Easter Sunday at Tara

From An Illustrated History of Ireland by Margaret Anne Cusack

« start... Chapter IX. ...continued

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It was Easter Sunday—a day ever memorable for this event in the annals of Erinn. Laeghaire and his court sat in state to receive the ambassador of the Eternal King. Treacherous preparations had been made, and it was anticipated that Patrick and his companions would scarcely reach Tara alive. The saint was aware of the machinations of his enemies; but life was of no value to him, save as a means of performing the great work assigned him, and the success of that work was in the safe keeping of Another. The old writers love to dwell on the meek dignity of the apostle during this day of trial and triumph. He set forth with his companions, from where he had encamped, in solemn procession, singing a hymn of invocation which he had composed, in the Irish tongue, for the occasion, and which is still preserved, and well authenticated.[8] He was clothed, as usual, in white robes; but he wore his mitre, and carried in his hand the Staff of Jesus. Eight priests attended him, robed also in white, and his youthful convert, Benignus, the son of Seschnan.

St. Patrick going to Tara

Thus, great in the arms of meekness and prayer, did the Christian hosts calmly face the array of pagan pomp and pride. Again the monarch had commanded that no honour should be paid to the saint, and again he was disobeyed. His own chief poet and druid, Dubtach, rose up instantly on the entrance of the strangers, and saluted the venerable apostle with affection and respect. The Christian doctrine was then explained by St. Patrick to his wondering audience, and such impression made, that although Laeghairé lived and died an obstinate pagan, he nevertheless permitted the saint to preach where and when he would, and to receive all who might come to him for instruction or holy baptism.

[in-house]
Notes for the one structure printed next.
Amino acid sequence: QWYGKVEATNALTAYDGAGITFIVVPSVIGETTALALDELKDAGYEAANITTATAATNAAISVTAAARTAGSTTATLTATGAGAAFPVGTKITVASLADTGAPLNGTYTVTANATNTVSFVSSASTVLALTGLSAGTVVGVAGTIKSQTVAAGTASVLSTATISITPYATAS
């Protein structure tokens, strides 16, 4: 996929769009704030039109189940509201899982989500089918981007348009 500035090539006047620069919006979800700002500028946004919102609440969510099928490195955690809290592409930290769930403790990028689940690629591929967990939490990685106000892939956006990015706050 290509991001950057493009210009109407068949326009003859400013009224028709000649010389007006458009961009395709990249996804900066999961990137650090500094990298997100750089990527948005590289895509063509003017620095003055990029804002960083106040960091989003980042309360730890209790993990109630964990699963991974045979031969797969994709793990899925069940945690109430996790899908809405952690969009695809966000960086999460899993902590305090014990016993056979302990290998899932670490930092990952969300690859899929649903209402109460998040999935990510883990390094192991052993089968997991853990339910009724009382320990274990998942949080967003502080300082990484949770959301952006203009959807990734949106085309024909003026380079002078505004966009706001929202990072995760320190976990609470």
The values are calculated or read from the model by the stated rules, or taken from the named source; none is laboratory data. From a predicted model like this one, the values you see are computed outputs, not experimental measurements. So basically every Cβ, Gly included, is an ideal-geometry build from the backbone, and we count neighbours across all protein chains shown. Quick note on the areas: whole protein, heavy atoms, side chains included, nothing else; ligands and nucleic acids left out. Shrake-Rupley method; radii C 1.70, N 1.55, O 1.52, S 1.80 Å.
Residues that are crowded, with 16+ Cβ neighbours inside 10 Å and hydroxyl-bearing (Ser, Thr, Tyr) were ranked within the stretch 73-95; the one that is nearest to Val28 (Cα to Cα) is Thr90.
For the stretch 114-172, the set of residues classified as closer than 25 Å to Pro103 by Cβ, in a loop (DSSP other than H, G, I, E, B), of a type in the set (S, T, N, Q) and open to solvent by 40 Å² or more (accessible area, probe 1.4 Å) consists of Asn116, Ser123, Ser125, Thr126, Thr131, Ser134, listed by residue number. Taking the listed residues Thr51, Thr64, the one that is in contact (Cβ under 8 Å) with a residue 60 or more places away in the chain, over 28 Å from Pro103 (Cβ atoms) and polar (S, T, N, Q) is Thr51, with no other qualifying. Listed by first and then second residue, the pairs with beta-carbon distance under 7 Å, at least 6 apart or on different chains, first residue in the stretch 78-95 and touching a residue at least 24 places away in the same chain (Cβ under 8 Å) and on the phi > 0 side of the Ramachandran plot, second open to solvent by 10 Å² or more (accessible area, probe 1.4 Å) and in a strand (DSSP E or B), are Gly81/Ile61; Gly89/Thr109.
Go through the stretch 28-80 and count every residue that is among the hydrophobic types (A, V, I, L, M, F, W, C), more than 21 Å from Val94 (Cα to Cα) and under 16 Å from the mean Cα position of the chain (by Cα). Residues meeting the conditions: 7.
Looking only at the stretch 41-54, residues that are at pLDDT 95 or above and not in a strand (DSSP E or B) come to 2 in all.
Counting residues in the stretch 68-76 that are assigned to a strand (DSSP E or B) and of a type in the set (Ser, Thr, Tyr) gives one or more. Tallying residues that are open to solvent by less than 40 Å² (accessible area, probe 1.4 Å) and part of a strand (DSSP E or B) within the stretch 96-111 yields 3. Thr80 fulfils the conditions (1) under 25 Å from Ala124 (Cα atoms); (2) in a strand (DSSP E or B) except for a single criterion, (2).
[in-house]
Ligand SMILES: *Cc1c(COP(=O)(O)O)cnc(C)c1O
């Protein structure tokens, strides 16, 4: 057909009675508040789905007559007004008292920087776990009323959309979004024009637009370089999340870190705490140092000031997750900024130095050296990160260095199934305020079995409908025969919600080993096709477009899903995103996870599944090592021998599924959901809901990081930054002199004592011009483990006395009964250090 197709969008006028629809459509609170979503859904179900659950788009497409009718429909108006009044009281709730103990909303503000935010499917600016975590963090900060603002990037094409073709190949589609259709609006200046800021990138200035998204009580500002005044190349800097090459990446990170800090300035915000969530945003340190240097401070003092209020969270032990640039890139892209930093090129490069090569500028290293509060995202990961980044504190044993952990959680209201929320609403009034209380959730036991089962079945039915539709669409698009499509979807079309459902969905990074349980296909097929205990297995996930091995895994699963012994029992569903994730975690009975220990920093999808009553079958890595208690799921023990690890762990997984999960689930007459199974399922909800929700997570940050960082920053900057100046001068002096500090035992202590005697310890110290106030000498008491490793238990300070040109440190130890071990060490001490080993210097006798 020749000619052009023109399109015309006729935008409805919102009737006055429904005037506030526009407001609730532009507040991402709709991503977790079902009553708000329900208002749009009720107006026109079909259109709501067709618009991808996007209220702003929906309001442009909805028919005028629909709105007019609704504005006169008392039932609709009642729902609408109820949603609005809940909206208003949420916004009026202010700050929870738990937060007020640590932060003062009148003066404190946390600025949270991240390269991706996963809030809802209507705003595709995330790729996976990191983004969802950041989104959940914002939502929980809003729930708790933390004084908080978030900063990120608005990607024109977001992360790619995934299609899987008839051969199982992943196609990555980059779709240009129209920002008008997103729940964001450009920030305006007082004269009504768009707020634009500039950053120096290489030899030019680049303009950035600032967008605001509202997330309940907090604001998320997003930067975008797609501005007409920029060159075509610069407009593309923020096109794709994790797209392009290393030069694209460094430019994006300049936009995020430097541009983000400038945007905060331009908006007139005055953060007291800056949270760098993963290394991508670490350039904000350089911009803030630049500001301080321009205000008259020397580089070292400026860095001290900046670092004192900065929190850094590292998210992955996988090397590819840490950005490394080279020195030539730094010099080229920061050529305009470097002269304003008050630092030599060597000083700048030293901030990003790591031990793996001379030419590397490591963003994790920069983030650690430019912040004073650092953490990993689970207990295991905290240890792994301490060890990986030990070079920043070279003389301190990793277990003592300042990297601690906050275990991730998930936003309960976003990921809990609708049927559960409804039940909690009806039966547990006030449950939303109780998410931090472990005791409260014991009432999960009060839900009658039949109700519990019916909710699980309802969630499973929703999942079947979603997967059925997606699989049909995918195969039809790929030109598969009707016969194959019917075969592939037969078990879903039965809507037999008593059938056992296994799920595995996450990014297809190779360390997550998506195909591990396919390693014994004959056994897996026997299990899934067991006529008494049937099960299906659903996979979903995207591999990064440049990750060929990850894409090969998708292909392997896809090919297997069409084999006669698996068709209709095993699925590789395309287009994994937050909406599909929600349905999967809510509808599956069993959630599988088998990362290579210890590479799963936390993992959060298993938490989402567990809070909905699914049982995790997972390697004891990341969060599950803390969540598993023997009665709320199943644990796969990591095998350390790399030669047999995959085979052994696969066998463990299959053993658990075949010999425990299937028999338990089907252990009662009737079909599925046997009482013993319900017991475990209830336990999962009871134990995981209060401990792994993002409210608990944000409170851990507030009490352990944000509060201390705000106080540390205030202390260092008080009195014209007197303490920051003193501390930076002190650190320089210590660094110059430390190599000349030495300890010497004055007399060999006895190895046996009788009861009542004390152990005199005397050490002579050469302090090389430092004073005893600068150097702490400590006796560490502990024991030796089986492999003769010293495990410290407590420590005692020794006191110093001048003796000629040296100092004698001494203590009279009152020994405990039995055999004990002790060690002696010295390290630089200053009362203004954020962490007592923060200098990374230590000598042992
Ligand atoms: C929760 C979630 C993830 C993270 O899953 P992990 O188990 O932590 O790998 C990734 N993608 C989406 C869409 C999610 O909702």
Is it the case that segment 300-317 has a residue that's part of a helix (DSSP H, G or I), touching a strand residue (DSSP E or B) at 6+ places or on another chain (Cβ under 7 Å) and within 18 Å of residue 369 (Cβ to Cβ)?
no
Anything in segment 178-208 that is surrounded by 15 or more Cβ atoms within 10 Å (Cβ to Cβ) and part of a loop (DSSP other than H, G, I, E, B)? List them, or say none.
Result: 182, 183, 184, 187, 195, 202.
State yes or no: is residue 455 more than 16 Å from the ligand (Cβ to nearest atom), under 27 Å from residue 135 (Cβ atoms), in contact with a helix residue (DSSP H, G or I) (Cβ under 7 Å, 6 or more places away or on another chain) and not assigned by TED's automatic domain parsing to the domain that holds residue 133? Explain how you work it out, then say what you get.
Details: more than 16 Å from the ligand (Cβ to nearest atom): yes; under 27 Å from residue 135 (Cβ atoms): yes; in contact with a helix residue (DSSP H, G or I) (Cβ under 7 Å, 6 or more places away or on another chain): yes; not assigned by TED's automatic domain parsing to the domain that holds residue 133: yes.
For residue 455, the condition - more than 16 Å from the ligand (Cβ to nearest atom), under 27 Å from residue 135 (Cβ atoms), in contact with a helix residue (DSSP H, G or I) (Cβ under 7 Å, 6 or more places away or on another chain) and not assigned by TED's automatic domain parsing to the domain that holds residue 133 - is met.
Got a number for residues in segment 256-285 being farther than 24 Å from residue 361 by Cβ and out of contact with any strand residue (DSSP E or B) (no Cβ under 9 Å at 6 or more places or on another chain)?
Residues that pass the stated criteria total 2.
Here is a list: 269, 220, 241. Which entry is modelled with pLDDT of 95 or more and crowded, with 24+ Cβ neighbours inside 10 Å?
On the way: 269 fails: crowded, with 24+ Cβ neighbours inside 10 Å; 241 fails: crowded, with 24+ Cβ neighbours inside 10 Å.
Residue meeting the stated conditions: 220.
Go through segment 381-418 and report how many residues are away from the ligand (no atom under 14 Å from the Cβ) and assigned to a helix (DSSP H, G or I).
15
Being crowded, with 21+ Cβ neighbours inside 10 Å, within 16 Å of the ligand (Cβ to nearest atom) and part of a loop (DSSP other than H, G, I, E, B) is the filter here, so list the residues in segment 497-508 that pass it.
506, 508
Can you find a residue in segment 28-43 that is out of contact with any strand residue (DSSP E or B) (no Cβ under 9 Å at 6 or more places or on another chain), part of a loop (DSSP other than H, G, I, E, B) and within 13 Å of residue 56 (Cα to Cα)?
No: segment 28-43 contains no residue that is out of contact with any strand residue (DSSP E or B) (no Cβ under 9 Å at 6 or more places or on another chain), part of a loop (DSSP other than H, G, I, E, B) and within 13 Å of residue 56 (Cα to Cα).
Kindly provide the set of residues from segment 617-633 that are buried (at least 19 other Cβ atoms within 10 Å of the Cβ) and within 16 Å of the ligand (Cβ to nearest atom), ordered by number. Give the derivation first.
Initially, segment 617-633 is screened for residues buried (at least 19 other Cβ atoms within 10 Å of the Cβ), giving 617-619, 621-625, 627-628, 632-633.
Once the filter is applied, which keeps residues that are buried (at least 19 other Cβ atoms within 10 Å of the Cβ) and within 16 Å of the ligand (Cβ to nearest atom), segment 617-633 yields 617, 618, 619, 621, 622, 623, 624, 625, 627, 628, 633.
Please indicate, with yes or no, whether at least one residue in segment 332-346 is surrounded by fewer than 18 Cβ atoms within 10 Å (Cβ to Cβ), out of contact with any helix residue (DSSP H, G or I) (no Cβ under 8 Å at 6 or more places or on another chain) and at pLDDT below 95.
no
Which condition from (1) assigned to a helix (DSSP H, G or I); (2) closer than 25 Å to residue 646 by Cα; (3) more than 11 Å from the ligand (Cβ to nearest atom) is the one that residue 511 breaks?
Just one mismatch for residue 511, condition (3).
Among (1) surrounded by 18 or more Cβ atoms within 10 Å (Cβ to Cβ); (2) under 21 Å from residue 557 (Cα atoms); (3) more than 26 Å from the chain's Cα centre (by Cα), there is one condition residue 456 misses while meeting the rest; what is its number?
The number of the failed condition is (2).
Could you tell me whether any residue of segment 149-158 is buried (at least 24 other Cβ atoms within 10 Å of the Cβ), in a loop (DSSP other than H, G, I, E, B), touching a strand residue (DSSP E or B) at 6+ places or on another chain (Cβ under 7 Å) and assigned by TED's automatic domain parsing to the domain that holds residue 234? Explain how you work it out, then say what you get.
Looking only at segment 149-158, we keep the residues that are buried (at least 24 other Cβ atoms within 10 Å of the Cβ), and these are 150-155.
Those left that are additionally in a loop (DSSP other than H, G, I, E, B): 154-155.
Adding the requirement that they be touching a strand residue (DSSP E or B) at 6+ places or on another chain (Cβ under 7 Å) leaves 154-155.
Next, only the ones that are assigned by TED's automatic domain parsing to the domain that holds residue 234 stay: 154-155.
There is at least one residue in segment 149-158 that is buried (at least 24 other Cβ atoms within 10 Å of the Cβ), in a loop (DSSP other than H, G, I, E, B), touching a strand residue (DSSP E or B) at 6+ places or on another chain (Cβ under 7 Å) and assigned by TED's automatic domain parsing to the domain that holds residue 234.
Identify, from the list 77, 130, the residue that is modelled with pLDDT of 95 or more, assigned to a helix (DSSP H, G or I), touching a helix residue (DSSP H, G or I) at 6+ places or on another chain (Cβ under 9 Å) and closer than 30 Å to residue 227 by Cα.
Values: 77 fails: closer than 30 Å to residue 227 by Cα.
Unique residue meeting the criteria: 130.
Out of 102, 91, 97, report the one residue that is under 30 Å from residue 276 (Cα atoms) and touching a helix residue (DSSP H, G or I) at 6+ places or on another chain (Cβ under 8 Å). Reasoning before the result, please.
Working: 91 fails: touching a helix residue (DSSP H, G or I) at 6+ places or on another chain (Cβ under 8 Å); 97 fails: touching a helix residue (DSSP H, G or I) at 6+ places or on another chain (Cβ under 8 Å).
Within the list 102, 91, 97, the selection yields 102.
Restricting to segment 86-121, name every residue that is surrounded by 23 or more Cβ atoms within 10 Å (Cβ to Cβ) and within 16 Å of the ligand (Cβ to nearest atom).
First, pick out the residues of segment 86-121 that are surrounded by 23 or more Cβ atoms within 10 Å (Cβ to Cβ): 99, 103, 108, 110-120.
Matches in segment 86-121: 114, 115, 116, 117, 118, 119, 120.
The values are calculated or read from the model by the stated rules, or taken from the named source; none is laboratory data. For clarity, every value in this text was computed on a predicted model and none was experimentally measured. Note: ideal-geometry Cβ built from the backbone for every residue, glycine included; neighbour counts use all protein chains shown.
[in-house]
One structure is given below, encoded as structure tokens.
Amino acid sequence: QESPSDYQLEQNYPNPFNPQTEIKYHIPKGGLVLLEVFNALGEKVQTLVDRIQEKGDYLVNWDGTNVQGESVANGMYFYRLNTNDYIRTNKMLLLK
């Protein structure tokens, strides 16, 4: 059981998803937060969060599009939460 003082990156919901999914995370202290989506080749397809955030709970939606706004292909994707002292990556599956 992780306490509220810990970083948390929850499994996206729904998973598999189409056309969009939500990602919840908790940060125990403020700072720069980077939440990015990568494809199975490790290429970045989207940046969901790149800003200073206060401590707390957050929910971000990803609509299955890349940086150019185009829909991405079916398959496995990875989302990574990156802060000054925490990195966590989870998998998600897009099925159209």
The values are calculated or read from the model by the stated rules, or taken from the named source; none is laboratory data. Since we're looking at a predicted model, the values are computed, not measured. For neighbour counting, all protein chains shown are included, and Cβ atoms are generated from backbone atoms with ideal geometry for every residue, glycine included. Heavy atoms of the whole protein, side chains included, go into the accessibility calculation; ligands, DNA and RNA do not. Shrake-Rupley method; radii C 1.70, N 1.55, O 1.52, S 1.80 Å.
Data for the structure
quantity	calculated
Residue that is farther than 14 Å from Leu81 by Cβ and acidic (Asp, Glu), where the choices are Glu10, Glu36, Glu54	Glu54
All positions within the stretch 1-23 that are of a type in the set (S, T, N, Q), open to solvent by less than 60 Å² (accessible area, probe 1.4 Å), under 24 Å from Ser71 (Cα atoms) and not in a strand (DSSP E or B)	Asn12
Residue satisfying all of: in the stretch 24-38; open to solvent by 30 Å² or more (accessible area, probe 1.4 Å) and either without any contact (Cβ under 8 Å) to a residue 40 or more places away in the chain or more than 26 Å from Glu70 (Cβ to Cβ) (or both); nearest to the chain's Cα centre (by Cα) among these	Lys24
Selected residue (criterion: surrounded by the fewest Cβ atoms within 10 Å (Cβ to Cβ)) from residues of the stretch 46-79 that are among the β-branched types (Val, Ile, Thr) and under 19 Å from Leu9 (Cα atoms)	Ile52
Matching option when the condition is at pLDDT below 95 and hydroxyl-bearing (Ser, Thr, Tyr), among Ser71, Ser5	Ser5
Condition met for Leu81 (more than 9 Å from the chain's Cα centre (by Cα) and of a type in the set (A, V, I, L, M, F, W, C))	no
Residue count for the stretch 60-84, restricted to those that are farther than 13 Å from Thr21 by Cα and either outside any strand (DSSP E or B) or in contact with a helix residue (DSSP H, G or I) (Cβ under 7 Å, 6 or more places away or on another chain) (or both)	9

On the following day St. Patrick repaired to Taillten, where the public games were commencing; and there he remained for a week, preaching to an immense concourse of people. Here his life was threatened by Cairbré, a brother of King Laeghairé; but the saint was defended by another of the royal brothers, named Conall Creevan, who was shortly after converted. The church of Donough Patrick, in Meath, was founded by his desire. It is said that all the Irish churches which begin with the name Donough were founded by the saint, the foundation being always marked out by him on a Sunday, for which Domhnach is the Gaedhilic term.

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[8] Authenticated.—A copy of this ancient hymn, with a Latin and English translation, may be found in Petrie's Essay on Tara, p. 57, in Dr. Todd's Life of St. Patrick, and in Mr. Whitley Stokes' Goidilica. We regret exceedingly that our limited space will not permit us to give this and other most valuable and interesting documents. There is a remarkable coincidence of thought and expression between some portions of this hymn and the well-known prayer of St. Ignatius of Loyola, Corpus Christi, salve me. Such coincidences are remarkable and beautiful evidences of the oneness of faith, which manifests itself so frequently in similarity of language as well as in unity of belief. The Hymn of St. Patrick, written in the fifth century, is as purely Catholic as the Prayer of St. Ignatius, written in the sixteenth. St. Patrick places the virtue or power of the saints between him and evil, and declares his hope of merit for his good work with the same simple trust which all the saints have manifested from the earliest ages. This hymn is written in the Bearla Feine, or most ancient Gaedhilic dialect. Dr. O'Donovan well observes, that it bears internal evidence of its authenticity in its allusion to pagan customs. Tirechan, who wrote in the seventh century, says that there were four honours paid to St. Patrick in all monasteries and churches throughout the whole of Ireland. First, the festival of St. Patrick was honoured for three days and nights with all good cheer, except flesh meat [which the Church did not allow then to be used in Lent]. Second, there was a proper preface for him in the Mass. Third, his hymn was sung for the whole time. Fourth, his Scotic hymn was sung always. As we intend publishing a metrical translation of his hymn suitable for general use, we hope it will be "said and sung" by thousands of his own faithful people on his festival for all time to come.


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